- Gratings Couple Optical Fibers to Silicon Photonic Devices
Advances in silicon photonics have ignited an intense interest in optical devices based on silicon (see pages 53, 62 and 68). An inherent problem with the application of this technology, however, is the low efficiency with which light can be coupled from conventional optical fibers into the new silicon devices. If not solved, this problem could nullify many of the advantages of silicon photonics because the penalty paid to get light into these devices could outweigh the advantages of getting it there.
Recently, reseaerchers at the University of Surrey in Guildford, UK, Politecnico di Bari in Italy and the University of Southampton in the UK demonstrated a coupling technique that has an overall efficiency that could approach or exceed 80 percent.
The low coupling efficiency of silicon results from two factors. First, the huge difference in the refractive indices between glass and silicon creates an impedance mismatch, which reflects a large percentage of the incident light. Second, the core of a single-mode optical fiber typically is 9 µm in diameter, while the dimensions of the silicon devices are usually on the order of 1 µm. Numerous solutions to these problems, such as antireflection coatings and tapered waveguides, have been evaluated. Although many of them are theoretically capable of efficient coupling, none has lived up to that promise in the laboratory.
Figure 1. The dual-grating assisted directional coupler is capable of coupling light from the ~9-µm core of an optical fiber into an ~0.25-µm-thick silicon waveguide with efficiency as high as 80 percent. Images ©OSA.
The solution proposed by the European scientists is a device they call a dual-grating assisted directional coupler (Figure 1). The top SiON layer is designed to be ~5 µm thick, with a refractive index very close to that of glass so that light can be coupled from an optical fiber into the waveguide with a loss of less than 0.05 dB. The Si3N4 waveguide acts as a bridge between the two waveguides, in terms of both refractive index and thickness, and enables highly efficient coupling at both gratings. The bottom SiO2 layer acts as a lower-index cladding for the silicon waveguide, minimizing light leakage into the substrate.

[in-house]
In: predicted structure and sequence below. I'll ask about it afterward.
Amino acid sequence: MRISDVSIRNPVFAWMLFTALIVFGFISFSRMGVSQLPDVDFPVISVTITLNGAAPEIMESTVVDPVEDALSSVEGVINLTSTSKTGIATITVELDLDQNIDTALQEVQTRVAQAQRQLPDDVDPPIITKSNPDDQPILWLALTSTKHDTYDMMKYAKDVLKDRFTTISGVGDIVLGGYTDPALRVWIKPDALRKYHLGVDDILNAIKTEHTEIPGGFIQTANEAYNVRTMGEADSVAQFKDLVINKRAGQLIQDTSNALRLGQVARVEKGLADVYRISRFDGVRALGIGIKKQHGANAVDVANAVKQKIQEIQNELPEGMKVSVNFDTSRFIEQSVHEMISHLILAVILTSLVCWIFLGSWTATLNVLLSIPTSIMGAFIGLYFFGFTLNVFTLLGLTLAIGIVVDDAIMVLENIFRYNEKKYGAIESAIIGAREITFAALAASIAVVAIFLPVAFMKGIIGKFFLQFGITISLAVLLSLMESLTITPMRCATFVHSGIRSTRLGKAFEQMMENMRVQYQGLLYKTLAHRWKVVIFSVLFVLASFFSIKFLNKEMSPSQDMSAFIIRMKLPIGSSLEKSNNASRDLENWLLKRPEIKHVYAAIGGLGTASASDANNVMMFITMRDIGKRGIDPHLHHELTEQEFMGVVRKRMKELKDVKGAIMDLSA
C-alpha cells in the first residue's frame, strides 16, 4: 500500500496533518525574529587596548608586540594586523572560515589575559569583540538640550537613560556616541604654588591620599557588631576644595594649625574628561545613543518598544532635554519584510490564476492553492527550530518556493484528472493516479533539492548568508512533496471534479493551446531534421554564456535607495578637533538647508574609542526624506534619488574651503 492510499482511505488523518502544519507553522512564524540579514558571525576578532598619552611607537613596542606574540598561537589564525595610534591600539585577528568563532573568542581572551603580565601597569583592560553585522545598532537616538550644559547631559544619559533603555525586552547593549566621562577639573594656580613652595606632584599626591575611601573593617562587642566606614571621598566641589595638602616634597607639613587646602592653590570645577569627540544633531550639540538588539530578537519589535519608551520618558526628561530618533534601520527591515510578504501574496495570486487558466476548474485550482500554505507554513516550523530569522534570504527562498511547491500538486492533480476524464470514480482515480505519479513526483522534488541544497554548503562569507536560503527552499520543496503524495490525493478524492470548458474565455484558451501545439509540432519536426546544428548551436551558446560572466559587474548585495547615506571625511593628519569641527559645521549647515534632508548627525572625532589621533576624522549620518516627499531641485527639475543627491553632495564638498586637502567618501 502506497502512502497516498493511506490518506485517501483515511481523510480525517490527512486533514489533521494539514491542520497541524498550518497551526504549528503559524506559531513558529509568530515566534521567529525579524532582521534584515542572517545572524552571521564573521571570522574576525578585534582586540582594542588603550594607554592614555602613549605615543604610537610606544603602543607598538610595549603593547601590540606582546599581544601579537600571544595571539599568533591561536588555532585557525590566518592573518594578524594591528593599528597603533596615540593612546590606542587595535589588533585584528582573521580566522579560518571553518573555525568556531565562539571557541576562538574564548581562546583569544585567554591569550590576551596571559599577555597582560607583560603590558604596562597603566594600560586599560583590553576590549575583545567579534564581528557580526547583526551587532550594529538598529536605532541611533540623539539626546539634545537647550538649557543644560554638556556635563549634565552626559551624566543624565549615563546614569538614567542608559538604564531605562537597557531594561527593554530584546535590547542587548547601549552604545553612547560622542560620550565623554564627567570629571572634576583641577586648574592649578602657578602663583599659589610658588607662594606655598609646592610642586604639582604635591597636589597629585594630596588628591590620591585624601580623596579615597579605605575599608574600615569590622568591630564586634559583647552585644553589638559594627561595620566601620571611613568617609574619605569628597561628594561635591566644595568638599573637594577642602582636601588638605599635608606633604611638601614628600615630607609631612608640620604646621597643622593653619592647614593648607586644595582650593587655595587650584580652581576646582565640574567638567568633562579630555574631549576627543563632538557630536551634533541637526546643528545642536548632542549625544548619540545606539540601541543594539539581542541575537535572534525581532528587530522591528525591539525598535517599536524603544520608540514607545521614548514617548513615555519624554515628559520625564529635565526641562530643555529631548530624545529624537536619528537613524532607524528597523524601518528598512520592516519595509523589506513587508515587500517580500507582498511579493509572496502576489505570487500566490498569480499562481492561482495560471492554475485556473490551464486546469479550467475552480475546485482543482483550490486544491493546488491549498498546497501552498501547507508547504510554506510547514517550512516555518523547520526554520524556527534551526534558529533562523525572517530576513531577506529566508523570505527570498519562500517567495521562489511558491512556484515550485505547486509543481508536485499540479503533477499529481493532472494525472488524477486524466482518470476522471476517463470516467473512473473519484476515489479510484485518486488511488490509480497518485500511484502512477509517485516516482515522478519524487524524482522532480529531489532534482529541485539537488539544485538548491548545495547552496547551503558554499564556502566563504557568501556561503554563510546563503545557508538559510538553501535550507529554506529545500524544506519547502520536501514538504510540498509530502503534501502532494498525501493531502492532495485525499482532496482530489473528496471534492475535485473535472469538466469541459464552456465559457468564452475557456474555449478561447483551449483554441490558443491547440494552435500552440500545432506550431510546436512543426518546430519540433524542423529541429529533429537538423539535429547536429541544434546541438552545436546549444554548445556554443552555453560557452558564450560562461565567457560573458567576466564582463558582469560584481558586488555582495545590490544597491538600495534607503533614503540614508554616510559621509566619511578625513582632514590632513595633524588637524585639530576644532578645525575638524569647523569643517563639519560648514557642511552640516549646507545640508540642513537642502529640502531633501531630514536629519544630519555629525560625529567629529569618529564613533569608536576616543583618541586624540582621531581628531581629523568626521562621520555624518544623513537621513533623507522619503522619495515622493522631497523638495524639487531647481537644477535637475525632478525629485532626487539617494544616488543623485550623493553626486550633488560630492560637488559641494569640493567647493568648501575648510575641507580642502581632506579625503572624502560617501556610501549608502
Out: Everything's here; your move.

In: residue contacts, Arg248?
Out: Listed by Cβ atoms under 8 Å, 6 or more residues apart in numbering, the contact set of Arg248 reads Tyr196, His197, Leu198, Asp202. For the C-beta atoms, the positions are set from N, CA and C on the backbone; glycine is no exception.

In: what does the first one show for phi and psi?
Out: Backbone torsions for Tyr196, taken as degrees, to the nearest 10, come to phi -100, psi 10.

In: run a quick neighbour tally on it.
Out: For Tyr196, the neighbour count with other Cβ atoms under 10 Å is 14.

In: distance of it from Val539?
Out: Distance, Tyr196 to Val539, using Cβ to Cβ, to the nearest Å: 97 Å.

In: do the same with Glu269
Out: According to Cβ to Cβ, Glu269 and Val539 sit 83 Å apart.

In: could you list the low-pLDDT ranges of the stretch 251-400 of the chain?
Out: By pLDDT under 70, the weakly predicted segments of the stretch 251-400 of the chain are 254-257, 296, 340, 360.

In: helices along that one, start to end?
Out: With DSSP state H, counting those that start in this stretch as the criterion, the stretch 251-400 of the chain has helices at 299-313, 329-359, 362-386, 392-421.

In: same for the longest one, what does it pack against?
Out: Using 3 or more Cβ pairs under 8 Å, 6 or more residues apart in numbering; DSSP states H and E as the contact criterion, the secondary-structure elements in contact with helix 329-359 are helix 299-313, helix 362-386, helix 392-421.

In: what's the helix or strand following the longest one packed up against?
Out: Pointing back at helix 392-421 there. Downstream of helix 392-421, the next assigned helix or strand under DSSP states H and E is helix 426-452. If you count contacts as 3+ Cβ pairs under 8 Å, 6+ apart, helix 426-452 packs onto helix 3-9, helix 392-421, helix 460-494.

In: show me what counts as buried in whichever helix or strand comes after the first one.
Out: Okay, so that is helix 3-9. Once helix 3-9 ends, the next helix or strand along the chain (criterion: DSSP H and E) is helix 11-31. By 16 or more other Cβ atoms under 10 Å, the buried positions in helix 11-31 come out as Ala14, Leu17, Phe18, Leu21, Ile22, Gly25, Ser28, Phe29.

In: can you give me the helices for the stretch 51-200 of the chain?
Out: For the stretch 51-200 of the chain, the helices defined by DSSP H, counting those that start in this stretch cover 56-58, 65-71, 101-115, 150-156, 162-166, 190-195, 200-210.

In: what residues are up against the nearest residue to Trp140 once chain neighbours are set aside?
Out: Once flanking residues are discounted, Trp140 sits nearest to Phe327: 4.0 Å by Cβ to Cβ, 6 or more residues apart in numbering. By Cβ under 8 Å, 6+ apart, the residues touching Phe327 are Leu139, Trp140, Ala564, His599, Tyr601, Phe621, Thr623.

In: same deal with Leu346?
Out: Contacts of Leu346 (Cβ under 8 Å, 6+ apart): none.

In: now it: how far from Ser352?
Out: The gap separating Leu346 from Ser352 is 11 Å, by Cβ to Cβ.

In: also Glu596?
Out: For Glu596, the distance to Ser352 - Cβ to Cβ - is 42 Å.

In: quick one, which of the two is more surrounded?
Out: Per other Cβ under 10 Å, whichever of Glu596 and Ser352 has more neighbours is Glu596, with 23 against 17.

Two analytical techniques, the transfer-matrix method and the Floquet-Bloch theory, produced nearly identical results when applied to the dual-grating device: The coupling efficiency could be as high as 93 percent. But other coupling schemes had produced similarly high coupling efficiencies in theoretical predictions, so the investigators fabricated a dual-grating assisted directional coupler and tested its actual performance in the laboratory.
Figure 2. A “double” dual-grating coupler allowed accurate measurement of the coupling efficiency.
The device they fabricated was a “double” dual-grating coupler (Figure 2). They measured its coupling efficiency by calculating the ratio of its throughput to that of a SiON waveguide of the same dimension as the one in the coupler. Unfortunately, the fabrication process went slightly awry, and the dimensions of the fabricated device were different from those called for in the optimal design. They recalculated the coupling efficiency expected for their device and found that the fabrication discrepancies would lower the efficiency from 93 percent to 60 percent.
In laboratory tests, the efficiency was measured to be as high as 55 percent, or within 5 percent of the predicted value (Figure 3). If an equally close-to-predicted performance were obtained from a device fabricated with the ideal design dimensions, its coupling efficiency would be ~80 percent. Based on this calculation, the scientists conclude that their dual-grating coupler is arguably the most promising method of coupling light into small silicon waveguides.
Figure 3. The best coupling efficiency measured with the dual-grating coupler was 55 percent, just slightly less than the 60 percent predicted. The peaks at different wavelengths were achieved using gratings with different grating parameters.
One potential drawback of the dual-grating coupler is the narrow (~4 nm) peak (Figure 3). The researchers are working on techniques to broaden the wavelength dependence of the coupling by chirping the gratings and varying their duty cycles.
- Electromagnetic radiation detectable by the eye, ranging in wavelength from about 400 to 750 nm. In photonic applications light can be considered to cover the nonvisible portion of the spectrum which includes the ultraviolet and the infrared.
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